As April 15 quickly approaches, people across the country are organizing their finances and filing their tax returns. For the five million Americans filing for the first time this year, the task can be just as intimidating as finding that first job– but it doesn't have to be. 

“Tax season can be very overwhelming for those just entering the workforce and with many changes to tax laws going into affect this year it, even people who have been filing for years might need a refresher,” Dr. Carla Johnson, instructor at Everest College-Arlington, said. “Becoming more informed on the filing process is the first step to success.” 

Q. Why do I have to file a tax return? 

A. Once you start making $9,500 a year you must pay the government a portion of your income, which is deducted from your paycheck each pay period. Filing a tax return is the method of determining if you have over or underpaid what you owe.  As you might expect, if you have underpaid taxes, you will owe money to the IRS. However if you’ve overpaid your taxes throughout the year, the government will issue you a refund.

Q: What paperwork do I need?

A.The key documents for first time filers are:

W-4: When you began your new job you filled out a W-4 form. This form lets your employer know how much money to withhold from your paycheck for federal taxes, based on “allowances” you claim. You get one allowance for yourself, one for a spouse and one per dependent you plan to report on your tax return. The more allowances you are able to claim, the less money your employer will withhold for taxes. 

W-2: You should receive a W-2 form from you employer either in the mail or via email usually in January. It reports your wages paid and the taxes withheld based on what you filled out in your W-4 form for the tax year. This form serves as a reference when filing your taxes. 

1040: While there are three versions of the Tax Form 1040, most first-time filers will use the 1040EZ, which is the least complex form. The 1040EZ is for filing income if you have no dependents, no itemized tax deductions, and no income from wages or unemployment compensation. Other 1040 forms include the 1040A and 1040, which are increasingly more complex.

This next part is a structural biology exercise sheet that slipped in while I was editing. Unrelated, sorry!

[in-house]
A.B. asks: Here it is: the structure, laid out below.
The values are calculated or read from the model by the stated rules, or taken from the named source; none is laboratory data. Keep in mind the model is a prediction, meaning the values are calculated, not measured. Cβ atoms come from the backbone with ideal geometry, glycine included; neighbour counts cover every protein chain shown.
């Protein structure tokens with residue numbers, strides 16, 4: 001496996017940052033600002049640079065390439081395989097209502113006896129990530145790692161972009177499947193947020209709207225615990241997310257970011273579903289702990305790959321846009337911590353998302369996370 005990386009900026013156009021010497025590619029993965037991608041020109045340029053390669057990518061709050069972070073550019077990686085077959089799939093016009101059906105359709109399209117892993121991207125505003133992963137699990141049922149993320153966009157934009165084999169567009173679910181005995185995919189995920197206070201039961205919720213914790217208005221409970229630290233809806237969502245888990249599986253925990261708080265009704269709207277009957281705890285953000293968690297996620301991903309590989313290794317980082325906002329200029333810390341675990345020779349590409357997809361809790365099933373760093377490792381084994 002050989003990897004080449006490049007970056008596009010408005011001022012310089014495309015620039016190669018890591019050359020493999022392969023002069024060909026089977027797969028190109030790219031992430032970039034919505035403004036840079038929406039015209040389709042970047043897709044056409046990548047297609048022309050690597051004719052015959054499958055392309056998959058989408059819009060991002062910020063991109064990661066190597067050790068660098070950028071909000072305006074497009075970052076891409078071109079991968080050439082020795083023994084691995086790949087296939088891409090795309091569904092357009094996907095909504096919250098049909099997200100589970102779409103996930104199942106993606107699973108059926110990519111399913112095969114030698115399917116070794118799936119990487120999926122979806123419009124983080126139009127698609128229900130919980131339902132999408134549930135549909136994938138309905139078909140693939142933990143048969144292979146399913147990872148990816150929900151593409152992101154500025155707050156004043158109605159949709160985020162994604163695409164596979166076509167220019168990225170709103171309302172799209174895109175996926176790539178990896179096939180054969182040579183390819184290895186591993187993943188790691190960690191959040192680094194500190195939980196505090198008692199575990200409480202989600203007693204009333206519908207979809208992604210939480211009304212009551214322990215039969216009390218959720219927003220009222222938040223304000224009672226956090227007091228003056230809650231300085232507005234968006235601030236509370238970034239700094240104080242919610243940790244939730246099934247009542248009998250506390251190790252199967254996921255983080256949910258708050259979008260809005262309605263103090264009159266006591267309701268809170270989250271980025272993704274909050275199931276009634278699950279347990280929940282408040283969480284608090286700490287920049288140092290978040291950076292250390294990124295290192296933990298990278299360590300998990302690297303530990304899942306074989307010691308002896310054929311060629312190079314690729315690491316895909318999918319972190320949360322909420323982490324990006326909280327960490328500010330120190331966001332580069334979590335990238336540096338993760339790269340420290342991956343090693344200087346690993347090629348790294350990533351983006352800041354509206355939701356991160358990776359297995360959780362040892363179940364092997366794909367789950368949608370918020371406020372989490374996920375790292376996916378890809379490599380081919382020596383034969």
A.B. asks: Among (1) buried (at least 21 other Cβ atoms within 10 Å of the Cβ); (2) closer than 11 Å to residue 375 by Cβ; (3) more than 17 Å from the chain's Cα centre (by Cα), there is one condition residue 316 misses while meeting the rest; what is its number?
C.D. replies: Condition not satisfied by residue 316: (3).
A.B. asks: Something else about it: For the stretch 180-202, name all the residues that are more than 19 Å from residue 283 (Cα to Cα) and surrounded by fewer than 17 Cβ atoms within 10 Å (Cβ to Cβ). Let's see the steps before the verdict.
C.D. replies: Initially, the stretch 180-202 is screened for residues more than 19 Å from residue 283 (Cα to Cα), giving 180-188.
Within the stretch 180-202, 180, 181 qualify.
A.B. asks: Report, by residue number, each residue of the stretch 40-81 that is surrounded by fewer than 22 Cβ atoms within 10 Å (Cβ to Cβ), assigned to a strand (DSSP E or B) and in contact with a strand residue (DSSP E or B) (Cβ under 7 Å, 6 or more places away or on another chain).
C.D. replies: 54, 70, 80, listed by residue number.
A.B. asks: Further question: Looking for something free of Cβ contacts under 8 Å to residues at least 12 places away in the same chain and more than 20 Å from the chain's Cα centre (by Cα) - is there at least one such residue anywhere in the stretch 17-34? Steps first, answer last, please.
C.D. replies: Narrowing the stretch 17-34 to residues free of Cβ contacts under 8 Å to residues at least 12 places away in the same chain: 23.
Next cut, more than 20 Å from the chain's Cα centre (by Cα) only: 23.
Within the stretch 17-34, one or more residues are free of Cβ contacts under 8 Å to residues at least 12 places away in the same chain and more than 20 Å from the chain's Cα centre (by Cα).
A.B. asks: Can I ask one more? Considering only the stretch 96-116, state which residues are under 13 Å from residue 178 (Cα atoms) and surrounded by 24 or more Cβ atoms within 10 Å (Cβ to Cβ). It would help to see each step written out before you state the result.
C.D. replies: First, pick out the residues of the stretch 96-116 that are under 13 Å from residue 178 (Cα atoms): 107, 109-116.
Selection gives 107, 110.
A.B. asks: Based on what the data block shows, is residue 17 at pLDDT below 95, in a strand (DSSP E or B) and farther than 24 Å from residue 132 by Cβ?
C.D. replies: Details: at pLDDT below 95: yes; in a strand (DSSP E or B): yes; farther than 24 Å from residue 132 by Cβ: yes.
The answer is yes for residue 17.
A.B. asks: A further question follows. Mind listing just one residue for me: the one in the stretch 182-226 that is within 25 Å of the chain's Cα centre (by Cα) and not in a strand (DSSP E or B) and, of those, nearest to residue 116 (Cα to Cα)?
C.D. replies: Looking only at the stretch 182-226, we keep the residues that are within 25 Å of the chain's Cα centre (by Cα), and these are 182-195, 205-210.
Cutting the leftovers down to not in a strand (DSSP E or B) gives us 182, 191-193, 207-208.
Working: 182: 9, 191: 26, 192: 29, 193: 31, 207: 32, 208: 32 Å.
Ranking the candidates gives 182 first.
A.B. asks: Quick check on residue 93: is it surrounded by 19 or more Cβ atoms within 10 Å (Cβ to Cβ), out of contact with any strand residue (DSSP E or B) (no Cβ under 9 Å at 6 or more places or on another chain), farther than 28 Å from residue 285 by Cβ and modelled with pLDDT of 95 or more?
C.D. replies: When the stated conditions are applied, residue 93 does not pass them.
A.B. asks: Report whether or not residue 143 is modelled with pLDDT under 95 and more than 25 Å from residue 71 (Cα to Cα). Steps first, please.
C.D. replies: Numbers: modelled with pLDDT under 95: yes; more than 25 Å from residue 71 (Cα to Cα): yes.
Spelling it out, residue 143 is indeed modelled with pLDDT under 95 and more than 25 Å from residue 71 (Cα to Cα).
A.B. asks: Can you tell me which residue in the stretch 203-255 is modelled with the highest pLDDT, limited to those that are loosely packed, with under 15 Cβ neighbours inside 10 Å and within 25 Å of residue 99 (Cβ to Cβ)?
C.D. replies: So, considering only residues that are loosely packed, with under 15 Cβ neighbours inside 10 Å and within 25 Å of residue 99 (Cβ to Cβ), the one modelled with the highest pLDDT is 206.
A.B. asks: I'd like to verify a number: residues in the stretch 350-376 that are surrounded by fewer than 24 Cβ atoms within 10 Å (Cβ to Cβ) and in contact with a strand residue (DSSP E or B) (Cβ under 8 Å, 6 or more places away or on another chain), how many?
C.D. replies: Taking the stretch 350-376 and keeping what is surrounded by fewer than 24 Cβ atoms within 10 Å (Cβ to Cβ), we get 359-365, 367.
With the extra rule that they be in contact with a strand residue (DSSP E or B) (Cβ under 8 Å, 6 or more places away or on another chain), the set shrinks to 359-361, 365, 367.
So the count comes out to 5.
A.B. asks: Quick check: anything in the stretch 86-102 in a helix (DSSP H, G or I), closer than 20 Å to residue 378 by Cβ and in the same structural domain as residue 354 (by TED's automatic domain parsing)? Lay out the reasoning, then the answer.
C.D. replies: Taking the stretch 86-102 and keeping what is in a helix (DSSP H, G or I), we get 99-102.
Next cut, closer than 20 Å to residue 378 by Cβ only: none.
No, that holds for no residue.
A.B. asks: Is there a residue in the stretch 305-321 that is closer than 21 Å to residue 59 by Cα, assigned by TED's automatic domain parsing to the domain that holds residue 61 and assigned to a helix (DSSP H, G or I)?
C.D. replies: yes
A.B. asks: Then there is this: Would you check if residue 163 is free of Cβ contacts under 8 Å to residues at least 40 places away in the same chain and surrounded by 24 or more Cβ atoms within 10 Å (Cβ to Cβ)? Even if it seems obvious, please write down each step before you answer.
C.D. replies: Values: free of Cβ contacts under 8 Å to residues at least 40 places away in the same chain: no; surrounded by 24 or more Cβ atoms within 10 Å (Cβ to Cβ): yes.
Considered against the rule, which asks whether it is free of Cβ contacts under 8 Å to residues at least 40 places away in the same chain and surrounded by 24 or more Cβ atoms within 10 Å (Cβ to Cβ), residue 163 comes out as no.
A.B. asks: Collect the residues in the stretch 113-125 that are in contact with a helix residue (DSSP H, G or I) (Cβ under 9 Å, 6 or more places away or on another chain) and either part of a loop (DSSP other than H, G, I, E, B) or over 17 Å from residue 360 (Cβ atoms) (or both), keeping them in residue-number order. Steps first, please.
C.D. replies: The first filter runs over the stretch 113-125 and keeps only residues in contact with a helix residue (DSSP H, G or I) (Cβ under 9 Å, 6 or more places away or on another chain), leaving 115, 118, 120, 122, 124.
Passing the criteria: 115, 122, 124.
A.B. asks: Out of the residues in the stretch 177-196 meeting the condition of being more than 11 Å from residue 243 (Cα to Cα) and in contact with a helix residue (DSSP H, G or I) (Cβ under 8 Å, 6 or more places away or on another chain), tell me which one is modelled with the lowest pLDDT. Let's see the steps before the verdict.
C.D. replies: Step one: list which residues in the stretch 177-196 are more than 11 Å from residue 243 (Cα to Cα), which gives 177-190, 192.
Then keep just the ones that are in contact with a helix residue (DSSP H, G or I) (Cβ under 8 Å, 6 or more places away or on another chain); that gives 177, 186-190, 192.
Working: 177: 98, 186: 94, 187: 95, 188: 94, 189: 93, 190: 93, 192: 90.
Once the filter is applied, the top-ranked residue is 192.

Q. What determines the amount of tax I pay? 

A. There are many factors that affect the amount of tax you pay. The most important is the amount of money you make and the number of exemptions/deductions you are able to claim. Also known as “standard deductions” and “personal exemptions,” these tax preferences can be subtracted from your paycheck before taxes are taken out, thus reducing the overall income you are taxed on. For younger taxpayers, the most common deductions are those for student loan interest and tax credits for college education expenses. Additional deductions can include charitable donations, child or dependent care, and even expenses related to a job search.  

Q. When are federal taxes due?

A. The deadline to file federal tax returns is April 15. However, it is important not to wait until the last day to file. As a first-time filer, or anyone for that matter, it is better to have your taxes done early to avoid mistakes and having to pay a late penalty or additional interest on taxes owed.

Q. How can I be sure my taxes are correct?

A. There are many free or low cost resources available to those filing their taxes for the first time. The IRS offers Free File, a no charge online tax preparation program. For a fee, you can make an appointment to have your taxes filed by a qualified tax professional.